1868 in history

1868 events chronologically

Jan 3 Meiji Restoration in Japan: The Tokugawa shogunate is abolished; agents of Satsuma and Chōshū seize power
Jan 27 Boshin War: The Battle of Toba-Fushimi between forces of the Tokugawa shogunate and pro-Imperial factions begins, which will end in defeat for the shogunate, and is a pivotal point in the Meiji Restoration
Feb 2 Pro-Imperial forces captured Osaka Castle from the Tokugawa shogunate and burned it to the ground
Feb 24 Andrew Johnson becomes the first President of the United States to be impeached by the United States House of Representatives. He is later acquitted in the Senate
Mar 1 The Pi Kappa Alpha Fraternity is founded at the University of Virginia
Mar 5 Mefistofele, an opera by Arrigo Boito receives its première performance at La Scala
Mar 8 Sakai incident: Japanese samurai kill 11 French sailors in the port of Sakai near Osaka

Top 7 most famous people born in 1868

Feb 23 W. E. B. Du Bois William Edward Burghardt "W. B." Du Bois was an American sociologist, historian, civil rights activist, Pan-Africanist, author and editor. Born in Great Barrington, Massachusetts, Du Bois grew up in a relatively tolerant and integrated community. After graduating from Harvard, where he was the first African American to earn a doctorate, he became a professor of history, sociology and economics at Atlanta University. Du Bois was one of the co-founders of the National Association for the Advancement of Colored People in 1909
Mar 28 Maxim Gorky a Russian and Soviet writer, a founder of the Socialist realism literary method and a political activist.
May 18 Nicholas II of Russia the last Emperor of Russia, Grand Duke of Finland, and titular King of Poland. His official short title was Nicholas II, Emperor and Autocrat of All the Russias. Like other Russian Emperors he is commonly known by the monarchical title Tsar. He is known as Saint Nicholas the Passion-Bearer by the Russian Orthodox Church and has been referred to as Saint Nicholas the Martyr
Jun 6 Robert Falcon Scott a British Royal Navy officer and explorer who led two expeditions to the Antarctic regions: the Discovery Expedition, 1901–04, and the ill-fated Terra Nova Expedition, 1910–13. On the first expedition, he discovered the Polar Plateau, on which the South Pole is located. During the second venture, Scott led a party of five which reached the South Pole on 17 January 1912, only to find that they had been preceded by Roald Amundsen's Norwegian expedition. On their return journey, Scott's party discovered plant fossils, proving Antarctica was once forested and joined to other continents. At a distance of 150 miles from their base camp and 11 miles from the next depot, Scott and his companions died from a combination of exhaustion, starvation and extreme cold
Jun 18 Miklós Horthy a Hungarian Admiral and statesman who served as Regent of the Kingdom of Hungary between World Wars I and II and throughout most of World War II, from 1 March 1920 to 15 October 1944. He was styled "His Serene Highness the Regent of the Kingdom of Hungary"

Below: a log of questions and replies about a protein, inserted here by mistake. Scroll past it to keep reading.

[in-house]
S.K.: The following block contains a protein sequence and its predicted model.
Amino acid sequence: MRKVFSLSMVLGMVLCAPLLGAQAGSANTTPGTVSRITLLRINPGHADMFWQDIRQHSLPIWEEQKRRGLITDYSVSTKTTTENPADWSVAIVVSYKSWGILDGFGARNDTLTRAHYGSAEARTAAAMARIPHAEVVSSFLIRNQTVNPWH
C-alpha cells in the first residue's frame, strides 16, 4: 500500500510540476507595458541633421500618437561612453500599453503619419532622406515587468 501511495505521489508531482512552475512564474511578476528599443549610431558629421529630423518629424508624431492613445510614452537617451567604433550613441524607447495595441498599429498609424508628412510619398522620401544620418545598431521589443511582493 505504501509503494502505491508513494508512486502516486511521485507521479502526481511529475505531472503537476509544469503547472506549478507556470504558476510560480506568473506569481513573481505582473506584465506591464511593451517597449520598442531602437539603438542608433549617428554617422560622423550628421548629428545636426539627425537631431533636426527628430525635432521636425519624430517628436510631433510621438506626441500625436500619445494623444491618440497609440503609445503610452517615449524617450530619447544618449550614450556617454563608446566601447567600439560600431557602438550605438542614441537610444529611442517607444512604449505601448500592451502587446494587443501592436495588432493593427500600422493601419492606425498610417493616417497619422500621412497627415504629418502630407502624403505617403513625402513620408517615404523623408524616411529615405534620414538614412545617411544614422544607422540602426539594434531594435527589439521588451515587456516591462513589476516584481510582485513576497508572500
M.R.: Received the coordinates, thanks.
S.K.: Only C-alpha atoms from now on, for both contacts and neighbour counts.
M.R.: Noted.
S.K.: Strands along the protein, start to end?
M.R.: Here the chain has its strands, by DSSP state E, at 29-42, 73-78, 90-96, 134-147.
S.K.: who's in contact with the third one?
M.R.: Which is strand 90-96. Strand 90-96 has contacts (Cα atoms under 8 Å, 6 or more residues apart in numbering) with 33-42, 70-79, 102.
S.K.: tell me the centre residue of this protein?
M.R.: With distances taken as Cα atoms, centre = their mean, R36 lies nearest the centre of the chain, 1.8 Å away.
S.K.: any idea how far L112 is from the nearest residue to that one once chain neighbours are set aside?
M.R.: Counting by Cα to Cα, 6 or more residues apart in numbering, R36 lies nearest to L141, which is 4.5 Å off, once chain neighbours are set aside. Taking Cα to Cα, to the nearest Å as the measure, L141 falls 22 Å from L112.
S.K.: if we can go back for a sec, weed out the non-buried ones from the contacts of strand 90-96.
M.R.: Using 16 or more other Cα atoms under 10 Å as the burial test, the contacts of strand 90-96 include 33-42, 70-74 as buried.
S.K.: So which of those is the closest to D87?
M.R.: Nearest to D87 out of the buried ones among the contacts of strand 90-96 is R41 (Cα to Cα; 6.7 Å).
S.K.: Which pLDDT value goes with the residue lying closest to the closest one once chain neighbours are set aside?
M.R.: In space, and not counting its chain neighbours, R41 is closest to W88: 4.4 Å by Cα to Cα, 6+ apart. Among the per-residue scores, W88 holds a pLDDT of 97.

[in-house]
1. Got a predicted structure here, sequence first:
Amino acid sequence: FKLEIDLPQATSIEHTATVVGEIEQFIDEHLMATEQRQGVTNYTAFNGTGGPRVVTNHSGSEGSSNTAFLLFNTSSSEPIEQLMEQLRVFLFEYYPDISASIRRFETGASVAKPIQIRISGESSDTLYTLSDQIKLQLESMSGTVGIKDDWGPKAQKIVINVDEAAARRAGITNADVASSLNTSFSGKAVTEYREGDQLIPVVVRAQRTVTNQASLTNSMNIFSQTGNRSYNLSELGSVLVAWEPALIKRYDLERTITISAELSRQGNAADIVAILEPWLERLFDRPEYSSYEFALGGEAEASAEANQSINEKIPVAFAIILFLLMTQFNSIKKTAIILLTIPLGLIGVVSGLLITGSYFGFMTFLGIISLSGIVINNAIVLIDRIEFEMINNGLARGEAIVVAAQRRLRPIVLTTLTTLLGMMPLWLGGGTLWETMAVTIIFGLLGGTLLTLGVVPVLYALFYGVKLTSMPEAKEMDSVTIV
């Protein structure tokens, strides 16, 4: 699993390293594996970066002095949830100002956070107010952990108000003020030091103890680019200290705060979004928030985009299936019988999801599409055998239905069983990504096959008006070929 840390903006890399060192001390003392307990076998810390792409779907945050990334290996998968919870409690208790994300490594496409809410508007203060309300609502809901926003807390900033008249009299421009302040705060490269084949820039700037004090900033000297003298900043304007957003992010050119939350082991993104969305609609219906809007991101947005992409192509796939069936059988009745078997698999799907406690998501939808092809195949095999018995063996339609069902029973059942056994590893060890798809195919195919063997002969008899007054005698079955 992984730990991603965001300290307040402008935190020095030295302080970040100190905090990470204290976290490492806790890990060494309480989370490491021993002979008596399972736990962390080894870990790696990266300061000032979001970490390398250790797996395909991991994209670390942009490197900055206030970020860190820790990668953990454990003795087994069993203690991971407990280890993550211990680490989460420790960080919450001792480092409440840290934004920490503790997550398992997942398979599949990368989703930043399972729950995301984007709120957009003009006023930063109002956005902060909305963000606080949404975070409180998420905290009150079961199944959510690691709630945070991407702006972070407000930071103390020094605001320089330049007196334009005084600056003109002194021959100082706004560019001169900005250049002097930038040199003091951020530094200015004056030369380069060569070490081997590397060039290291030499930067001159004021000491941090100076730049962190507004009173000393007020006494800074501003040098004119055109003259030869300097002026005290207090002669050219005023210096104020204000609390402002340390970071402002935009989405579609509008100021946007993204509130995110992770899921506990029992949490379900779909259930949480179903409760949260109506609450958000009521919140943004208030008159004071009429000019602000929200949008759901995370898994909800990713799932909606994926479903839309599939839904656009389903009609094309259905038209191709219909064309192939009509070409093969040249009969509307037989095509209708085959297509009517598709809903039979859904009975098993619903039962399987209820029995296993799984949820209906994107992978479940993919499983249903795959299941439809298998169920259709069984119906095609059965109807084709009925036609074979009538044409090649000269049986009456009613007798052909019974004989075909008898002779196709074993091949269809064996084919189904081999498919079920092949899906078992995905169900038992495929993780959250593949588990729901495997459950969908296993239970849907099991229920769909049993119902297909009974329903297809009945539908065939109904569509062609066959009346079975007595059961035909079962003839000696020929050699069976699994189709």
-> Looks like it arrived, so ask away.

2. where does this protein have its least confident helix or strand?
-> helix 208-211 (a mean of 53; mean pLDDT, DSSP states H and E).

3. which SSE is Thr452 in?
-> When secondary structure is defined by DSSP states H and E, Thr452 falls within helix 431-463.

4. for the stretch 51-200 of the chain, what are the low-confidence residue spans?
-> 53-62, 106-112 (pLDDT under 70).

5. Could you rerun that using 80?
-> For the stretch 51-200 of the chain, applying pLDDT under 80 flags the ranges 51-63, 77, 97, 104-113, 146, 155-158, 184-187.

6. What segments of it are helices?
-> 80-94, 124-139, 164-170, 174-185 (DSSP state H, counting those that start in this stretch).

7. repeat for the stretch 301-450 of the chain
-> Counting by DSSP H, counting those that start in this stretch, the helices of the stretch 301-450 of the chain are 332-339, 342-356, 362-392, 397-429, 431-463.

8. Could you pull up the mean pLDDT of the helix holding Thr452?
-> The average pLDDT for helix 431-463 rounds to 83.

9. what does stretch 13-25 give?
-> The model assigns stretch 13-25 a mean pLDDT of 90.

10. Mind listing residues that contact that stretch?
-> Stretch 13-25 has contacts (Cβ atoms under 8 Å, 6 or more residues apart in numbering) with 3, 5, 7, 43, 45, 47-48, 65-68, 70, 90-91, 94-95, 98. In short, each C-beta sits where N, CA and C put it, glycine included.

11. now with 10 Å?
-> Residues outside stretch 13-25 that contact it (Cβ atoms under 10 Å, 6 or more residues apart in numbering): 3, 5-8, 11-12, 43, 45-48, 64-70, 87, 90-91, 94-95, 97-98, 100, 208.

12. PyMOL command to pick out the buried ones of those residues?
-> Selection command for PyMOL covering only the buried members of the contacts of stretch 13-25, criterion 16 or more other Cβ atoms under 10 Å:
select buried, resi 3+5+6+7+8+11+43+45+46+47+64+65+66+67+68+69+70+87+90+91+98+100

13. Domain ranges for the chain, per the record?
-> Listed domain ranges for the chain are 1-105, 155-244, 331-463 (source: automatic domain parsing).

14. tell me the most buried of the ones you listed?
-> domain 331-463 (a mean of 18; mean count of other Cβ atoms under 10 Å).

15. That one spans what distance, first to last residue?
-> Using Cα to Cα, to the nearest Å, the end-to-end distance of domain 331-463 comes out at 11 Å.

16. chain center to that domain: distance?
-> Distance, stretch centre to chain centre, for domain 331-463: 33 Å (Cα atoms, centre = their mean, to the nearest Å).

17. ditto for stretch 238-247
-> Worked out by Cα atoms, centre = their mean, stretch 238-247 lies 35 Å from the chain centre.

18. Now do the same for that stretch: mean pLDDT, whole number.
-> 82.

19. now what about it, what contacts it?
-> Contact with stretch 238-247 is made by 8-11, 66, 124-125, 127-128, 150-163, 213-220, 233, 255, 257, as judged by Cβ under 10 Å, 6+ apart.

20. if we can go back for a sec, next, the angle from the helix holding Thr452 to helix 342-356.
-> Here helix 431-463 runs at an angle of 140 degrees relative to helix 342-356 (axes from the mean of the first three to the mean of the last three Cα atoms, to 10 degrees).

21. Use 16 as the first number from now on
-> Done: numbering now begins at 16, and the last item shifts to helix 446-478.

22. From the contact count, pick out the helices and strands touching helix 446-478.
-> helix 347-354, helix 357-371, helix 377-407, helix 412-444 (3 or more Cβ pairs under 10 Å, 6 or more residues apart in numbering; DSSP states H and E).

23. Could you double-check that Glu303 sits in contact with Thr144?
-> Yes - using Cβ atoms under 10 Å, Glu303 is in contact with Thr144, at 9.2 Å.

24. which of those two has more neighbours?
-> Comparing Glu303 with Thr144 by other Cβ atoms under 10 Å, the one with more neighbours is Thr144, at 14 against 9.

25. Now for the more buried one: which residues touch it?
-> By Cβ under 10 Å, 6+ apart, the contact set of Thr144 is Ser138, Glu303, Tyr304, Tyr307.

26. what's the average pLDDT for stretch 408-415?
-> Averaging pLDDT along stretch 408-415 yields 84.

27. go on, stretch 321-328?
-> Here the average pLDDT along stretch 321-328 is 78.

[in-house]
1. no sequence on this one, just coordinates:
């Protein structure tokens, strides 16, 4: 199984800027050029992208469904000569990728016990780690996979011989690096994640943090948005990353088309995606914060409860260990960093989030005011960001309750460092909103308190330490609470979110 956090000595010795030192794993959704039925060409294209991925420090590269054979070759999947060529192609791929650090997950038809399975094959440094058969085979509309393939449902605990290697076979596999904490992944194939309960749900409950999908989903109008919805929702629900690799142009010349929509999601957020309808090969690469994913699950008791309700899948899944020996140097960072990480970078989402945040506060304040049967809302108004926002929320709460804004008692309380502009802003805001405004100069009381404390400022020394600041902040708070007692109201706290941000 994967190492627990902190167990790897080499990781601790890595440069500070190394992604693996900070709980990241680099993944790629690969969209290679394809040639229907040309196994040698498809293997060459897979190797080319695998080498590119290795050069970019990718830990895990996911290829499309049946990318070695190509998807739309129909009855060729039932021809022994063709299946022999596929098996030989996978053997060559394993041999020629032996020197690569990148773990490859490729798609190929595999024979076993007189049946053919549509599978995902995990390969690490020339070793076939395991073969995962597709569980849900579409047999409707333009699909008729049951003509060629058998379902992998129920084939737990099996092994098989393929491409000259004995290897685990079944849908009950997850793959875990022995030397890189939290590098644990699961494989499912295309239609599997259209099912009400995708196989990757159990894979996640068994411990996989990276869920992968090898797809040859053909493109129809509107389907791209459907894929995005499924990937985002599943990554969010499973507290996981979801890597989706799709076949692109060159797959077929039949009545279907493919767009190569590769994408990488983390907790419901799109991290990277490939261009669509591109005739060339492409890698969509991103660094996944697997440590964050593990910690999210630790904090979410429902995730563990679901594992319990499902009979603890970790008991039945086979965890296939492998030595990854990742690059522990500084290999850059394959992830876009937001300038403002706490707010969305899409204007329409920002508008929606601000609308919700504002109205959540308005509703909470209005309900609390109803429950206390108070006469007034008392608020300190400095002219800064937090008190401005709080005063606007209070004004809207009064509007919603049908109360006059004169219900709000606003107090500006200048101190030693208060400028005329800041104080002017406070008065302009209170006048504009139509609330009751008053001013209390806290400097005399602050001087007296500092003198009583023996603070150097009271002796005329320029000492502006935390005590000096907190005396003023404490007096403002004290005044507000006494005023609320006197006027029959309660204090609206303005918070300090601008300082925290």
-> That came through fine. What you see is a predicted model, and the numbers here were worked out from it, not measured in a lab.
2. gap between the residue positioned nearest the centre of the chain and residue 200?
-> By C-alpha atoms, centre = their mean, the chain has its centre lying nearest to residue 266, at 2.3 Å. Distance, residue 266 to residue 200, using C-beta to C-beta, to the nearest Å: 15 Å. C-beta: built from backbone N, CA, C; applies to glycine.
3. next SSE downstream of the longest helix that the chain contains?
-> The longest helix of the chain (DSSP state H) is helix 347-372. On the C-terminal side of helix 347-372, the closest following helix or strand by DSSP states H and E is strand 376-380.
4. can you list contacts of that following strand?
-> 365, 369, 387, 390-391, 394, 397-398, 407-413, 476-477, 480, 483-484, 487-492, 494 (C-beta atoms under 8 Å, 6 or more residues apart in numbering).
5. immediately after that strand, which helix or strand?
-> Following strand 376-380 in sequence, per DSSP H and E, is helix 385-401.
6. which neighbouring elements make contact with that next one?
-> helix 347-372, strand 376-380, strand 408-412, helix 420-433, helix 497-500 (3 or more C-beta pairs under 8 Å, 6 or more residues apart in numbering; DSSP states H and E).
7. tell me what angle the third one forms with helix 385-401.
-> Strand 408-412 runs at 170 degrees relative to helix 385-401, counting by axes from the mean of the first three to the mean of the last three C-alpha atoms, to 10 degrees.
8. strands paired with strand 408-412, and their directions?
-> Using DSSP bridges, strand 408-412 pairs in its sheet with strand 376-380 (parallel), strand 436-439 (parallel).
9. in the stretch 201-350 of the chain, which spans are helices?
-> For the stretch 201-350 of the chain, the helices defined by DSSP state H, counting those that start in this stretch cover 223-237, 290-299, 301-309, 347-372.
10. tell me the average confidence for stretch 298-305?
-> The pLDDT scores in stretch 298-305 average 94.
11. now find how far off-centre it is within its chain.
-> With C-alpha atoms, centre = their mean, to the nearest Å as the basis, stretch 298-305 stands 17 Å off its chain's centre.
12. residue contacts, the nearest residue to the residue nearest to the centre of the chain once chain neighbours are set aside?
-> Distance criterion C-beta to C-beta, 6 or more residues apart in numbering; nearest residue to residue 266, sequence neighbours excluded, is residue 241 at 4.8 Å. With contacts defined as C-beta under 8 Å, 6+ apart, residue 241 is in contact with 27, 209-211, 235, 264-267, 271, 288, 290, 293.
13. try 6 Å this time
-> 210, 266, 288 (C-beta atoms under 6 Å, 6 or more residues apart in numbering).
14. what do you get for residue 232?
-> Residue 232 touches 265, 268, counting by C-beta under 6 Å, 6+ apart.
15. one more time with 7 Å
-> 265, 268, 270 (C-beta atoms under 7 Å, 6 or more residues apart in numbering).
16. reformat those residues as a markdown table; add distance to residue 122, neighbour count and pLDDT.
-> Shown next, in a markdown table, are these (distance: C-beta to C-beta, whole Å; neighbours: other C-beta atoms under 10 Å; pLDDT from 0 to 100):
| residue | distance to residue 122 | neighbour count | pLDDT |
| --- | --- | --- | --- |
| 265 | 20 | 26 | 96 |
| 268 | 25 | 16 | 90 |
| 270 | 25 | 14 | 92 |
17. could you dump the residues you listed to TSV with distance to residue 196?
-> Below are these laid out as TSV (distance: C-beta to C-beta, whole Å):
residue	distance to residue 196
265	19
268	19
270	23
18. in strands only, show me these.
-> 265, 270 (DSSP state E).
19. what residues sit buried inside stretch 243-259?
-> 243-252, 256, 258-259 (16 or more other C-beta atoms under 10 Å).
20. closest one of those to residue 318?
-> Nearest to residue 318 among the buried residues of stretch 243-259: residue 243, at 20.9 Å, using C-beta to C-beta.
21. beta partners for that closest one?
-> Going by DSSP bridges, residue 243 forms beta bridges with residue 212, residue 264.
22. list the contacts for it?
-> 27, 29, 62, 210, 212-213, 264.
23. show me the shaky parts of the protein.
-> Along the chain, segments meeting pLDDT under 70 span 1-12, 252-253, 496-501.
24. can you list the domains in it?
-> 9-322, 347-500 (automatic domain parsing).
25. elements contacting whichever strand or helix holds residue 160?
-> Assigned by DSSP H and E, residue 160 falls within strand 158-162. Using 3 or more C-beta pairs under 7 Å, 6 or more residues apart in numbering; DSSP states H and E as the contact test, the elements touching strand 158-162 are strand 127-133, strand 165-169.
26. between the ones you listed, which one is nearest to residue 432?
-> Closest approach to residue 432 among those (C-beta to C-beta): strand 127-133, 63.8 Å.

Dec 9 Fritz Haber a German chemist of Jewish origin who received the Nobel Prize in Chemistry in 1918 for his development for synthesizing ammonia, important for fertilizers and explosives. The food production for half the world's current population depends on this method for producing fertilizer. Haber, along with Max Born, proposed the Born–Haber cycle as a method for evaluating the lattice energy of an ionic solid
Dec 24 Emanuel Lasker a German chess player, mathematician, and philosopher who was World Chess Champion for 27 years. In his prime Lasker was one of the most dominant champions, and he is still generally regarded as one of the strongest players ever

Top 7 most famous people died in 1868

Feb 10 David Brewster a Scottish physicist, mathematician, astronomer, inventor, writer, historian of science and university principal.
Feb 11 Léon Foucault a French physicist best known for his demonstration of the Foucault pendulum, a device demonstrating the effect of the Earth's rotation. He also made an early measurement of the speed of light, discovered eddy currents, and is credited with naming the gyroscope
Mar 28 James Brudenell 7th Earl of Cardigan an officer in the British Army who commanded the Light Brigade during the Crimean War. He led the Charge of the Light Brigade at the Battle of Balaclava
May 23 Kit Carson an American trailblazer and Indian fighter. Carson left home in rural present-day Missouri at age 16 and became a mountain man and trapper in the West. Carson explored the west to Spanish California, and north through the Rocky Mountains. He lived among and married into the Arapaho and Cheyenne tribes. He was hired by John Fremont as a guide, and led 'the Pathfinder' through much of California, Oregon and the Great Basin area. He achieved national fame through Fremont's accounts of his expeditions and was featured as the hero of many dime novels
Jun 1 James Buchanan the 15th President of the United States , serving immediately prior to the American Civil War. He is, to date, the only president from Pennsylvania and the only president to remain a lifelong bachelor
Aug 11 Thaddeus Stevens a member of the United States House of Representatives from Pennsylvania and one of the leaders of the Radical Republican faction of the Republican Party during the 1860s. A fierce opponent of slavery and discrimination against African-Americans, Stevens sought to secure their rights during Reconstruction, in opposition to President Andrew Johnson. As chairman of the House Ways and Means Committee during the American Civil War, he played a major part in the war's financing
Sep 26 August Ferdinand Möbius a German mathematician and theoretical astronomer.